And who can argue with that view?  [Thank you to Debbie Noble for these lovely pics!]

Sue Beckwith in Iowa snow January 2018

What was I thinking going to Iowa in January?  It was minus 3 degrees!  I attended the Iowa State University Community Food Program annual showcase event for community projects.  The room was packed with folks from across the state sharing their projects from Farm-to-School to commercial kitchens.  The roads were covered in snow and honestly I thought the event would be cancelled.  But no; those Iowans are tough folks.  The Texas Center for Local Food will be trying out the Iowa program in Texas with a pilot training in Spring 2018.  More on this soon.  Join us to get our newsletter or check back here later this year.

The Community Food Program in Iowa works with rural communities and urban neighborhoods to help teams of folks develop local food projects that will create jobs, support family farmers, and enhance community vitality.  The Iowa program includes a one-day training to be a Local Food Leader and an option to participate in the 2-year community economic development program.


As we finish up our Harvey Emergency Relief Fund work, here is an update on our accomplishments.  First let me say – Hooray to our partners and amazing donors!  We really kicked it and did a fabulous job.  It was the work of each of our partners, supporters and friends that brought in national attention and made our campaign a success!   The farmers are so grateful. 

Together we got this done and we helped a lot of farmers.  We hope you will remember these farmers as the new year begins and hold them in your hearts. as many continue to continue to work toward recovery.

Did you know that our fundraiser was supported by Acres U.S.A., Cascadian Farms, and Epic bars?  Plus support from the National Young Farmers Coalition, National Farmers Market Coalition, FarmShare Austin, Farmhouse Delivery, Grow North Texas, and the Farm and Ranch Freedom Alliance.   Please check out this radio interview featuring Four String Farm of Rockport:  interview with the Heritage Radio Network (a neat radio show that I hadn’t heard of before.)

We raised a total of $14,866 from 128 backers.  We had 26 applicants for the $500 grant.  We awarded 23 grants of $500 each for a total of $11,500.  Of the 3 we did not award, 1 was a duplicate, 1 is completely conventional farming, and the third never got back to us to confirm their income.  In addition to the $500 grants to 26 farms, we donated $1,000 to the Texas Farmers’ Market farmer emergency fund, paid $1,141 in credit card processing fees, and paid $446 to the Growers Alliance of Central Texas for fiscal sponsorship.  This leaves a balance of about $800 and we have reached out to the Texas Organic Farmers and Gardners Association to contribute to their long term Harvey relief work.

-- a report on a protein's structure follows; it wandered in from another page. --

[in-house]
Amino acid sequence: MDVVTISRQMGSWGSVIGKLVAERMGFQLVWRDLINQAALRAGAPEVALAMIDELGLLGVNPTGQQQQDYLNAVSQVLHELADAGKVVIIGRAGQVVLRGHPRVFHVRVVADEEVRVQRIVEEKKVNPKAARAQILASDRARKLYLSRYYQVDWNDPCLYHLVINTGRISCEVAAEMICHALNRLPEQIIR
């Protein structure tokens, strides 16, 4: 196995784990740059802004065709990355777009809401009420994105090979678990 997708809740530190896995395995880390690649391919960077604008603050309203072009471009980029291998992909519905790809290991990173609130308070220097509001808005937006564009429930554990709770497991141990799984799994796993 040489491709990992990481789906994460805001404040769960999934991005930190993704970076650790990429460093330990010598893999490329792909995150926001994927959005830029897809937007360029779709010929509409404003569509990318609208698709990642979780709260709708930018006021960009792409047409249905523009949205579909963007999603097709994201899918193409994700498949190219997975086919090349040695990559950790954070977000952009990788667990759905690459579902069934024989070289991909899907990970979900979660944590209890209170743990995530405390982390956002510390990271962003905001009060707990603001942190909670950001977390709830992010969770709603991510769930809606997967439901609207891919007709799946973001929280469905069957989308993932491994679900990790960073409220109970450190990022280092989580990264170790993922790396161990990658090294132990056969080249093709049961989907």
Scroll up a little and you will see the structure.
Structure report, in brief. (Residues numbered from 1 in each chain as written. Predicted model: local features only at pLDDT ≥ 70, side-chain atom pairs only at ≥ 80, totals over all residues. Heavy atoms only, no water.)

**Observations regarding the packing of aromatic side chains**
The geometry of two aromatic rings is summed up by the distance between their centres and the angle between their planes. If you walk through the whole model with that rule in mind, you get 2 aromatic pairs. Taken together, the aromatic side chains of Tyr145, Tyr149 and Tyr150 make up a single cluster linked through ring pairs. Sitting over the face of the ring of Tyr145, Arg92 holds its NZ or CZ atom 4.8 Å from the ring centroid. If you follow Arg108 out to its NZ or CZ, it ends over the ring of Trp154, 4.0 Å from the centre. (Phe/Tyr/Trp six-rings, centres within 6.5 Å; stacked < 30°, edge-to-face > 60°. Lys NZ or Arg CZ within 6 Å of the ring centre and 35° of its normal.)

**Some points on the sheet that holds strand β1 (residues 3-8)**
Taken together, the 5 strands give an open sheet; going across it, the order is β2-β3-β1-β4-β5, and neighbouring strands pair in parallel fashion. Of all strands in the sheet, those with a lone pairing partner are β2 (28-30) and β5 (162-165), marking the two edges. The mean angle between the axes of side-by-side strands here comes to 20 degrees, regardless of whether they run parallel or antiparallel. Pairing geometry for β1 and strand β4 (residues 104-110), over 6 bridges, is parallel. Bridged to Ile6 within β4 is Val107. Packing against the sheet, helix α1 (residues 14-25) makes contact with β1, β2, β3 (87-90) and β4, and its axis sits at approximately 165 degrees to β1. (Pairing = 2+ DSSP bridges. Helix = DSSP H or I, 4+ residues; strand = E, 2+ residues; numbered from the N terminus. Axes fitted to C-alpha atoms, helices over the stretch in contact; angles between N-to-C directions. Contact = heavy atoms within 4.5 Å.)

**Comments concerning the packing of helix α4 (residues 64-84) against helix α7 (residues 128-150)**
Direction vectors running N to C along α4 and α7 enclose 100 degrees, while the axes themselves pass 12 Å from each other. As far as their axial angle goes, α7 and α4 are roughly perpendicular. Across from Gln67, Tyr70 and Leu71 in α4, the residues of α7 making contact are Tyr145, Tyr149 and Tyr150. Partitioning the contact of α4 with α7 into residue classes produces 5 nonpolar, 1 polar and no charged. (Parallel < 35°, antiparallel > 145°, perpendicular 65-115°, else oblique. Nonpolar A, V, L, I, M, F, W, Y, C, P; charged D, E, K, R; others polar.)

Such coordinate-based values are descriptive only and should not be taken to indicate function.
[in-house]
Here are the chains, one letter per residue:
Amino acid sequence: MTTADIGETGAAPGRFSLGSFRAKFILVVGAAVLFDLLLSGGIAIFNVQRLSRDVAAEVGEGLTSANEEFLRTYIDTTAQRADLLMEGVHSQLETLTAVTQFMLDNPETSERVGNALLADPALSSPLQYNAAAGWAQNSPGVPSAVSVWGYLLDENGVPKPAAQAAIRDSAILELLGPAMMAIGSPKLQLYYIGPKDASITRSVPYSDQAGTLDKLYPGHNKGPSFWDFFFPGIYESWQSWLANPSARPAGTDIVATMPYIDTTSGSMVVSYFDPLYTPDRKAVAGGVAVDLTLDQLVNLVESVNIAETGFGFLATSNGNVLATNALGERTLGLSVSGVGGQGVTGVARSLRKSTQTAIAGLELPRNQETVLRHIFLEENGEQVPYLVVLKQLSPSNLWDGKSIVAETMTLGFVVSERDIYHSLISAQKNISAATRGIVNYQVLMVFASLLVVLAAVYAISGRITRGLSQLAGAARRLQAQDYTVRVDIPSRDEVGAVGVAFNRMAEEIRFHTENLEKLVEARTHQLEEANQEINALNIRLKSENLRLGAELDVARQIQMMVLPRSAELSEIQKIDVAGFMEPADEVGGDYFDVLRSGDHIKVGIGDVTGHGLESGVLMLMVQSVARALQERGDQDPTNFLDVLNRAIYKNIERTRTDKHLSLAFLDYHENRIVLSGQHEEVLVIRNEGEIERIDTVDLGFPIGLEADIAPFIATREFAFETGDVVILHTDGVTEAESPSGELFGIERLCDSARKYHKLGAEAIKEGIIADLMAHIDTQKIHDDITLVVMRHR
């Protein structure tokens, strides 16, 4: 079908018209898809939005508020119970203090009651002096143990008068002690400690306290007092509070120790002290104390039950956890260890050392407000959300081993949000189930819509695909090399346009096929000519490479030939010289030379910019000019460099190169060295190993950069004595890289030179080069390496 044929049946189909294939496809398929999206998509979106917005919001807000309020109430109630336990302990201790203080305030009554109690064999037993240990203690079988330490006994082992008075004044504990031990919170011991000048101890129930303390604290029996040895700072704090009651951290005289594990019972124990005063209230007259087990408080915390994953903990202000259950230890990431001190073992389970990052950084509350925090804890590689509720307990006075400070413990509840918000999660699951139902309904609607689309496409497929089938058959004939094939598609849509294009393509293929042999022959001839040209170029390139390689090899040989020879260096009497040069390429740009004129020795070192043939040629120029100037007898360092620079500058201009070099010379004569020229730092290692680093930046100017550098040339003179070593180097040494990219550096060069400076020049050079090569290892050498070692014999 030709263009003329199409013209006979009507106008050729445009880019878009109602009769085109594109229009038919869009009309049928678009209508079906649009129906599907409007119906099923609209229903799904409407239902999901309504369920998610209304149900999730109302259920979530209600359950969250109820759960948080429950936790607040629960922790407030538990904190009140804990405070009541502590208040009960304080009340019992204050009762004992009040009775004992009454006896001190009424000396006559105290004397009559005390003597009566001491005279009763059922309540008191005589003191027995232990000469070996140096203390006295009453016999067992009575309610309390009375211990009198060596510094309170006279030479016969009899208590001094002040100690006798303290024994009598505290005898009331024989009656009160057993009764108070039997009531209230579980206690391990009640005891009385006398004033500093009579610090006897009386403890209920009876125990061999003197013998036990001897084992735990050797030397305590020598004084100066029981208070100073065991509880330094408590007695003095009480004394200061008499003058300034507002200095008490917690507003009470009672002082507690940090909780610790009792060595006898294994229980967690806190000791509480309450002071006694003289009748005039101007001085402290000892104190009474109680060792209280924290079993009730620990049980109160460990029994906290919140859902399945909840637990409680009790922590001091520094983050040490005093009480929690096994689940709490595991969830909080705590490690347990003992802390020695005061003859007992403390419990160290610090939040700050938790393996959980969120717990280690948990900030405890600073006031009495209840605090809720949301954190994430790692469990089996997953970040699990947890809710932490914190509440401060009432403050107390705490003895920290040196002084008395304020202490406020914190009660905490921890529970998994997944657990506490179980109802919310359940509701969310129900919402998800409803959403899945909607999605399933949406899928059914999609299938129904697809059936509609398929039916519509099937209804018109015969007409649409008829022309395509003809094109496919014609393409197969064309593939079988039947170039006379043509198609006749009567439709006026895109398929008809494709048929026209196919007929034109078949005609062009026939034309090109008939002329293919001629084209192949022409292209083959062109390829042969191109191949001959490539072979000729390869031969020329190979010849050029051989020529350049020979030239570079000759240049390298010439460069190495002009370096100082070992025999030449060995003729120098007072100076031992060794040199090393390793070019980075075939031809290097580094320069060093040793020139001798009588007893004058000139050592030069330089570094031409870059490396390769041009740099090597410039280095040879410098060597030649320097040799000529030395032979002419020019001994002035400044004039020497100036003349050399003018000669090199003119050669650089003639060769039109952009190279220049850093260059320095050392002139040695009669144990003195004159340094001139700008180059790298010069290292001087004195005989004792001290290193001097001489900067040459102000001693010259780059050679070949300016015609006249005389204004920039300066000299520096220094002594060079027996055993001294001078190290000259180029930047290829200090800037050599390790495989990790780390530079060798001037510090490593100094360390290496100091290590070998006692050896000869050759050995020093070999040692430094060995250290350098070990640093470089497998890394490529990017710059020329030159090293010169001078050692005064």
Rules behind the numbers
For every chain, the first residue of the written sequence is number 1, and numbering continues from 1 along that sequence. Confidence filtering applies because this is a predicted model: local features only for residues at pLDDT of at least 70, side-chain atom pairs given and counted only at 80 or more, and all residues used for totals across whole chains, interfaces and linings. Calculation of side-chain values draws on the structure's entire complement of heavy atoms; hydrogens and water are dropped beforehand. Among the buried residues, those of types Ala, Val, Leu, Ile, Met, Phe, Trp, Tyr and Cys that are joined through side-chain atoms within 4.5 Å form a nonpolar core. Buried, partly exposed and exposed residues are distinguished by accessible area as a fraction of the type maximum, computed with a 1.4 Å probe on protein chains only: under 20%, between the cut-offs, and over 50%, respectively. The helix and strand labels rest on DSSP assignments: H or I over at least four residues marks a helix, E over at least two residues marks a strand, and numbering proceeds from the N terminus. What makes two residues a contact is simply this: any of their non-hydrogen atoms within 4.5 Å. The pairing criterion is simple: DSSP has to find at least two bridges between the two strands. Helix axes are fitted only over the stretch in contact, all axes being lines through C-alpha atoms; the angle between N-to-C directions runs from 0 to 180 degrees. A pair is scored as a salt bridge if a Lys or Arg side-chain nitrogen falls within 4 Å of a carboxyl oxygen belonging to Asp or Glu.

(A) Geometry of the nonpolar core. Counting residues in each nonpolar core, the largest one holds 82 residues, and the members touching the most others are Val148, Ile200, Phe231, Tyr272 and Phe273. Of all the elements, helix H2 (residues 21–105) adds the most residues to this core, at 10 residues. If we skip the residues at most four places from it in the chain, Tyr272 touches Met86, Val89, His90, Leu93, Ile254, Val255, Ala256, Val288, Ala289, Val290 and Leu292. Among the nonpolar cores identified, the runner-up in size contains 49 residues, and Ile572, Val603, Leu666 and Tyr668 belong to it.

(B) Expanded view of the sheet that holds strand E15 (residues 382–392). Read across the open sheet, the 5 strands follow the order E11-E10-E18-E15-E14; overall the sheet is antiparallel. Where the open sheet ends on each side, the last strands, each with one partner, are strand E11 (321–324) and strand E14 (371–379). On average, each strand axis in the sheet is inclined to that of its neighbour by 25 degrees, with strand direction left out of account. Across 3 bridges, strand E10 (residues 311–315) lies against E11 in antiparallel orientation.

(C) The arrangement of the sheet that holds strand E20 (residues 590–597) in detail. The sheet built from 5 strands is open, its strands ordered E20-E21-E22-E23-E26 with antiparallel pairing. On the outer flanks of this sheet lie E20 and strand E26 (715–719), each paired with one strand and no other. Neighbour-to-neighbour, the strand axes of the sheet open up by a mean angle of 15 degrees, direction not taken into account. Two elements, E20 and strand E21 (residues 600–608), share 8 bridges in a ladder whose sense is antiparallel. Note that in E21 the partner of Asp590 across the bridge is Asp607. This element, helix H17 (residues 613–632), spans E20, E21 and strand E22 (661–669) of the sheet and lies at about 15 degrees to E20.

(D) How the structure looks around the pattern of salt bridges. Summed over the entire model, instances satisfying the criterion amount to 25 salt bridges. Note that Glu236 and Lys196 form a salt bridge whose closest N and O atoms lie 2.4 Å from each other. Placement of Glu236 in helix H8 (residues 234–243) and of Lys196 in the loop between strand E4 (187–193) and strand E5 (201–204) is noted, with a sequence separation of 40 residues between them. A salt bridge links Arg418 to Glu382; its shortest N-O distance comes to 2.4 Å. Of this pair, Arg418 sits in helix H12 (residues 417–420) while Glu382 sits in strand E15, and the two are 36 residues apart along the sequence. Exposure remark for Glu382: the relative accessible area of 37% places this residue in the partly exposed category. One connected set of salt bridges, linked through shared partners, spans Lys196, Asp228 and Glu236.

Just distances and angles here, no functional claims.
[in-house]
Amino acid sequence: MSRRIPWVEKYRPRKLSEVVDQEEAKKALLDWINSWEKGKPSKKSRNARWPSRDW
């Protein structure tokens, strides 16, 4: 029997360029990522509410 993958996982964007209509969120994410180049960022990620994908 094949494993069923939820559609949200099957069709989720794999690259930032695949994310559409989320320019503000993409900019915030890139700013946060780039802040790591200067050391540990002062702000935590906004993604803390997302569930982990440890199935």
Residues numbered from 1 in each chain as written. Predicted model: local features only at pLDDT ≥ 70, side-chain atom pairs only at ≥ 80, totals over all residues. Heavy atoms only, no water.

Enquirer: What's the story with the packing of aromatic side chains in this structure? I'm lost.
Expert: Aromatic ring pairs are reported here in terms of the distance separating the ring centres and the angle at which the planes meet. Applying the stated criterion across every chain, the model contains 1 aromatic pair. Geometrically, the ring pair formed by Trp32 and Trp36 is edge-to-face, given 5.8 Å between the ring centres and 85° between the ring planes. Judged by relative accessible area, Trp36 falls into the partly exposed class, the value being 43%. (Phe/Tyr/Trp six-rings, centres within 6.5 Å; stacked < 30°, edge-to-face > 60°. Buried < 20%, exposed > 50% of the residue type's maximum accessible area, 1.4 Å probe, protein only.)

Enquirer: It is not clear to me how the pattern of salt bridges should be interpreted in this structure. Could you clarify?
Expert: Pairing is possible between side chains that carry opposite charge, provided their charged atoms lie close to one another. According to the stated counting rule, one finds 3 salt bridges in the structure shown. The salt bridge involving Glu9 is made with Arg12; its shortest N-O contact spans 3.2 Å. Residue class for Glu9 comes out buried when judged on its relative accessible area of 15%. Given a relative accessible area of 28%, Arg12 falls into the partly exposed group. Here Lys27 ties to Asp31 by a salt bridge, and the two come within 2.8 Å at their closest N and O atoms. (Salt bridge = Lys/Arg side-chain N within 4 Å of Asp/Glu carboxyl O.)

Partners:  Growers Alliance of Central Texas, Texas Farmers Markets, Sustainable Food Center, GROW Local South Texas, National Center for Appropriate Technology, Texas Organic Farmers and Gardners Association, Central Texas Young Farmers Coalition, and Barnraiser!

The Elgin school district (Elgin ISD) is one of only a dozen districts to receive recognition for ground-breaking programs in a special edition of Texas School Business magazine.  This article highlights this outstanding recognition of Elgin ISD’s Farm-to-School program by the Texas Association of School Administrators.  

Partnership with the City of Elgin is key to this success.  As Drs. Duron and Perez point out in the article, the Elgin ISD Farm-to-School program is not just a stand alone program.  Rather it is a key part of Elgin’s collaborative approach to building a strong local economy and healthy populace based on a local food and agriculture.  Our planned Elgin Local Food Center (ELF) will provide the teaching kitchen to teach students and their families about buying and preparing locally grown healthy food.  The ELF is an integral part of bringing lessons learned at school into Elgin homes, while creating jobs in our community.  

Here is the article in the Texas School Business magazine (pg 12-14).

DONATE!  The Texas Center for Local Food is leading a partnership of Texas organizations to provide emergency relief to sustainable and organic family famers as they deal with this horrid situation. We are partnering with Barnraiser on this national campaign.  Please donate today. We aim to raise $40,000 in 30 days to grant $500 each to 80 Texas sustainable and organic family famers adversely impacted by Hurricane Harvey.  Ends October 1 at midnight.

Farmer & ranchers:  Send your pics and stories for us to share with the public to  Good to show pics of damage with you and/or animals in the photo.  We’re here for you and will get the word out.  APPLY for aid here from the Texas Farmer-Rancher Harvey Relief Fund.

Farmer Disaster relief strategies and very useful information page at TOFGA.